Interview with Emily Cox, CBI

A businesswoman who was honoured for her services to gender diversity has been appointed as North East chair of the Confederation of British Industry (CBI). Richard Dawson speaks to Emily Cox to discuss her new role and what her priorities are for the region over the next two years

In addition to her responsibilities as North East chair of the CBI – a role she took up in January – Emily Cox is also director of public affairs at Virgin Money and on the board of both the NewcastleGateshead Initiative and international music venue, Sage Gateshead.

She brings a wealth of experience and passion for the region to the chair of CBI North East and is clear on what her priorities are moving forward.

“Having taken on this role, I’ve discovered that you get a lot of information coming at you from the CBI central office, which is brilliant, but I very quickly realised that I was going to get lost unless I prioritised” she says.

“There’s four key things that I think our priorities are here in the North East” she continues.

Emily breaks these down into securing stability and certainty for the business community over Brexit, investing in the digital sector on both infrastructure and skills, giving the North East a much louder voice in the Northern Powerhouse and something Emily calls “responsible capitalism”.

On the Northern Powerhouse partnership, Emily reflects, “when you work out that the North has a bigger economy than Scotland, Wales and Northern Ireland, it’s unacceptable that we don’t get more attention from Westminster and from the rest of the world because together, we’re definitely stronger.”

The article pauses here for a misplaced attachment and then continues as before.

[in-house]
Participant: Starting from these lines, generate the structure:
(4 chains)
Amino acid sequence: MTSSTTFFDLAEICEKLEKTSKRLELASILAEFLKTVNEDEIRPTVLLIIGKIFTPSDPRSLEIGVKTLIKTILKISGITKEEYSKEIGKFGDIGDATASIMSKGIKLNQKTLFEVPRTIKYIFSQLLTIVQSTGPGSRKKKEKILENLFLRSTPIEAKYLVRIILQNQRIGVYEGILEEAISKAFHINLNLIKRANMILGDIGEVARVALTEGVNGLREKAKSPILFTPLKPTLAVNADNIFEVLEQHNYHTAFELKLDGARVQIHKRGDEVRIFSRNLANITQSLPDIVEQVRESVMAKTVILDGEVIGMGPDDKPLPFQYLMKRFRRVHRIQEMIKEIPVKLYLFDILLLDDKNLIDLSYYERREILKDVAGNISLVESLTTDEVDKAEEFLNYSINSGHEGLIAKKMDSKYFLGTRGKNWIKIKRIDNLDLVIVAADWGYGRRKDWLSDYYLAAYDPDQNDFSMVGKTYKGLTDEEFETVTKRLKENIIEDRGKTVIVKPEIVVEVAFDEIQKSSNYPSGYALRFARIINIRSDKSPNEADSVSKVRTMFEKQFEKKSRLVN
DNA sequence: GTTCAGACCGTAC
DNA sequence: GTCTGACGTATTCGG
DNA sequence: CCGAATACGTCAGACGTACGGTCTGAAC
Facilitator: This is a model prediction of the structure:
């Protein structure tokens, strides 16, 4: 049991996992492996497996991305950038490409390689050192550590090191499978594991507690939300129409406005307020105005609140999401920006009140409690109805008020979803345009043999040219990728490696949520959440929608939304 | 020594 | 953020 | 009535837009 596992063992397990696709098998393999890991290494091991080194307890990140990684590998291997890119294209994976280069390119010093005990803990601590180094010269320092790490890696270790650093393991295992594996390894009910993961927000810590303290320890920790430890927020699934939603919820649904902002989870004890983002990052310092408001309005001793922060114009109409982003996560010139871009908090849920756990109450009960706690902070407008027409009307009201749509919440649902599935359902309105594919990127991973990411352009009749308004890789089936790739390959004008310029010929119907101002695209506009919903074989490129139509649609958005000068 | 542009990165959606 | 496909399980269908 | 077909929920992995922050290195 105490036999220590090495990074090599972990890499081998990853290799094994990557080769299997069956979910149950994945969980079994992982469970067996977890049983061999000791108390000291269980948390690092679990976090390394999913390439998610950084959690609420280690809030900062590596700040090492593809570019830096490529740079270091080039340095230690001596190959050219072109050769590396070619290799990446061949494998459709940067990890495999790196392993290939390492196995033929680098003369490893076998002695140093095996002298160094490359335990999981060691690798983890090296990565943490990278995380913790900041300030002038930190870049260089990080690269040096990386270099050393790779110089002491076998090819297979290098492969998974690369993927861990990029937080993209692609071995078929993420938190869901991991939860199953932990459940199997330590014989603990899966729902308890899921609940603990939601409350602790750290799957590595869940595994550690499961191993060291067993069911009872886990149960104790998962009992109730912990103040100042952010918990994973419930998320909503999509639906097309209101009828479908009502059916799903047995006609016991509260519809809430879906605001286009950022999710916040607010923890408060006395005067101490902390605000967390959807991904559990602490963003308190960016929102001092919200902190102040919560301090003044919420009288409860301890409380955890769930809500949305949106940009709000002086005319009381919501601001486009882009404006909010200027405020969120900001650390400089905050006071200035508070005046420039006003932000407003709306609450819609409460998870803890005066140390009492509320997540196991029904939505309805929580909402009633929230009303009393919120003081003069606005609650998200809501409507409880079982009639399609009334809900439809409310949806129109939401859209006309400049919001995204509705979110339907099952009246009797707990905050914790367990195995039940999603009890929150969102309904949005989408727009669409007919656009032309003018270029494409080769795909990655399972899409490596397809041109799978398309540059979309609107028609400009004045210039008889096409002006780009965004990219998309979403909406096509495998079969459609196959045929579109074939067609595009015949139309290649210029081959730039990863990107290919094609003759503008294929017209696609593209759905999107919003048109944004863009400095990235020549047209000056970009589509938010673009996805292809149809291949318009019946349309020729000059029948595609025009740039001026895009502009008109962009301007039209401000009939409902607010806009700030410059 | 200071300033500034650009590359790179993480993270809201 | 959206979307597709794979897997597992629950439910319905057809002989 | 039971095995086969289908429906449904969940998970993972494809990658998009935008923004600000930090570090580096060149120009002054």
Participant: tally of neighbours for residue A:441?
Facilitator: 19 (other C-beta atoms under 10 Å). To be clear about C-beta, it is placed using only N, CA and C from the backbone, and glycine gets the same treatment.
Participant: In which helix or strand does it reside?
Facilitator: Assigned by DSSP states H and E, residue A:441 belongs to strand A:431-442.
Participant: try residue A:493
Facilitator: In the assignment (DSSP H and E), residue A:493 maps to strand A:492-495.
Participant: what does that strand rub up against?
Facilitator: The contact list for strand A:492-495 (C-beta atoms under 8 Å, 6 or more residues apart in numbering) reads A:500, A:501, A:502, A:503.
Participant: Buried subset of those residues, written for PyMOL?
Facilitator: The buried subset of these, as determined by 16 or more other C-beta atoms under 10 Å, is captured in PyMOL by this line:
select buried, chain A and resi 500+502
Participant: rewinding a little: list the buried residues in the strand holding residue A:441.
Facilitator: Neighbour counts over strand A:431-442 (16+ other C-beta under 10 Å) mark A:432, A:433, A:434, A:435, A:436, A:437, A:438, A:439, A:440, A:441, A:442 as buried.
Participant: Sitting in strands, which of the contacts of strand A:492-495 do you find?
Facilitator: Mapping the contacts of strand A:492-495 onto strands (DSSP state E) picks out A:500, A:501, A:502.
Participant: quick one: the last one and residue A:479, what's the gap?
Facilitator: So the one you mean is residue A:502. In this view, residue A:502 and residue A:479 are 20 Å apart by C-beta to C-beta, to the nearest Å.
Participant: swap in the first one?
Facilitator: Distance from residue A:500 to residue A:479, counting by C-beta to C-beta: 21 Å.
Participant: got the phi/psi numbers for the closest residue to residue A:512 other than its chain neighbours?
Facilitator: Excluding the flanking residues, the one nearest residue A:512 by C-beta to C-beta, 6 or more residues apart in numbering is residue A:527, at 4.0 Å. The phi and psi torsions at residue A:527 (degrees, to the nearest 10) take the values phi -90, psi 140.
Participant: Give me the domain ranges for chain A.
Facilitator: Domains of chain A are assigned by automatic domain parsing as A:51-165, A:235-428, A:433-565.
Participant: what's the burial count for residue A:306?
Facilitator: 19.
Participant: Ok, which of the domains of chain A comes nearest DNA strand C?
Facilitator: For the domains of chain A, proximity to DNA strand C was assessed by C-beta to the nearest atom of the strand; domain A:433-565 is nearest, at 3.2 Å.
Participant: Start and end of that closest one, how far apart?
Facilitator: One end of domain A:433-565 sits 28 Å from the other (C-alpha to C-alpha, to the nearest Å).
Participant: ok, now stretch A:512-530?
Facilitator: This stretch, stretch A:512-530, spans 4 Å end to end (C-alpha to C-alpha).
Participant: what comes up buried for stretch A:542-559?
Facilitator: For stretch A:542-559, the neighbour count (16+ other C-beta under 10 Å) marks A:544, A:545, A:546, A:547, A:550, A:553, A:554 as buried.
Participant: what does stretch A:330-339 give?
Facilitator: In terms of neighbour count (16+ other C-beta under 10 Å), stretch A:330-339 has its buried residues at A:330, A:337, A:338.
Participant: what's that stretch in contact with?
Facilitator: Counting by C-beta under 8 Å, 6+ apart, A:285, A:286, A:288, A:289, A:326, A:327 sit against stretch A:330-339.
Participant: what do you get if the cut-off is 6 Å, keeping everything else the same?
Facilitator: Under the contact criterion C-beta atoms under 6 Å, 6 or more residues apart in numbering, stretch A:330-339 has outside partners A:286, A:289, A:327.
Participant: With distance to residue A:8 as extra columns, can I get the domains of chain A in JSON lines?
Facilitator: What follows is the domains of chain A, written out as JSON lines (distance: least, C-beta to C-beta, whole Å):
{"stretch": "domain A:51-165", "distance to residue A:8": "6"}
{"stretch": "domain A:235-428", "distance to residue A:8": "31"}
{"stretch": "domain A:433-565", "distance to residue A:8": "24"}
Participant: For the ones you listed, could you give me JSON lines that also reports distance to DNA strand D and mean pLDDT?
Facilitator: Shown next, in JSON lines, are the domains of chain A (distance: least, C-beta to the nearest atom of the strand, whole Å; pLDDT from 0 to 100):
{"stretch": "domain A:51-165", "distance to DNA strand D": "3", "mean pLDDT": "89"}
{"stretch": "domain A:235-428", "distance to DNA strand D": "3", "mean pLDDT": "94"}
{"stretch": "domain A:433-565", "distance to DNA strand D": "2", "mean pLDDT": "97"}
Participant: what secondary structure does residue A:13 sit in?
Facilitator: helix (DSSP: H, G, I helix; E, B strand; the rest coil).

This idea of responsible capitalism is also at the centre of Emily’s vision for the region.

“What I mean by that is two things,” she explains.

“Firstly, I think the North East has a really strong and fine tradition in philanthropy and looking after our own. We also have a tradition and interest in promoting the people from our own region.

“I think you do that by hiring a diverse workforce, paying a fair wage, paying your taxes etc. But equally, it’s about playing a part in our communities, whether that’s through volunteering, paying it back or taking leadership.

“In these uncertain times, we need people who are going to stand up and talk from a principled basis about what brings us together, not about what divides us.”

Emily wants to galvanise CBI activity around the four priorities she has outlined. With only a two-year term to make progress, there’s clearly no time to waste for the new chair of the CBI’s North East division.

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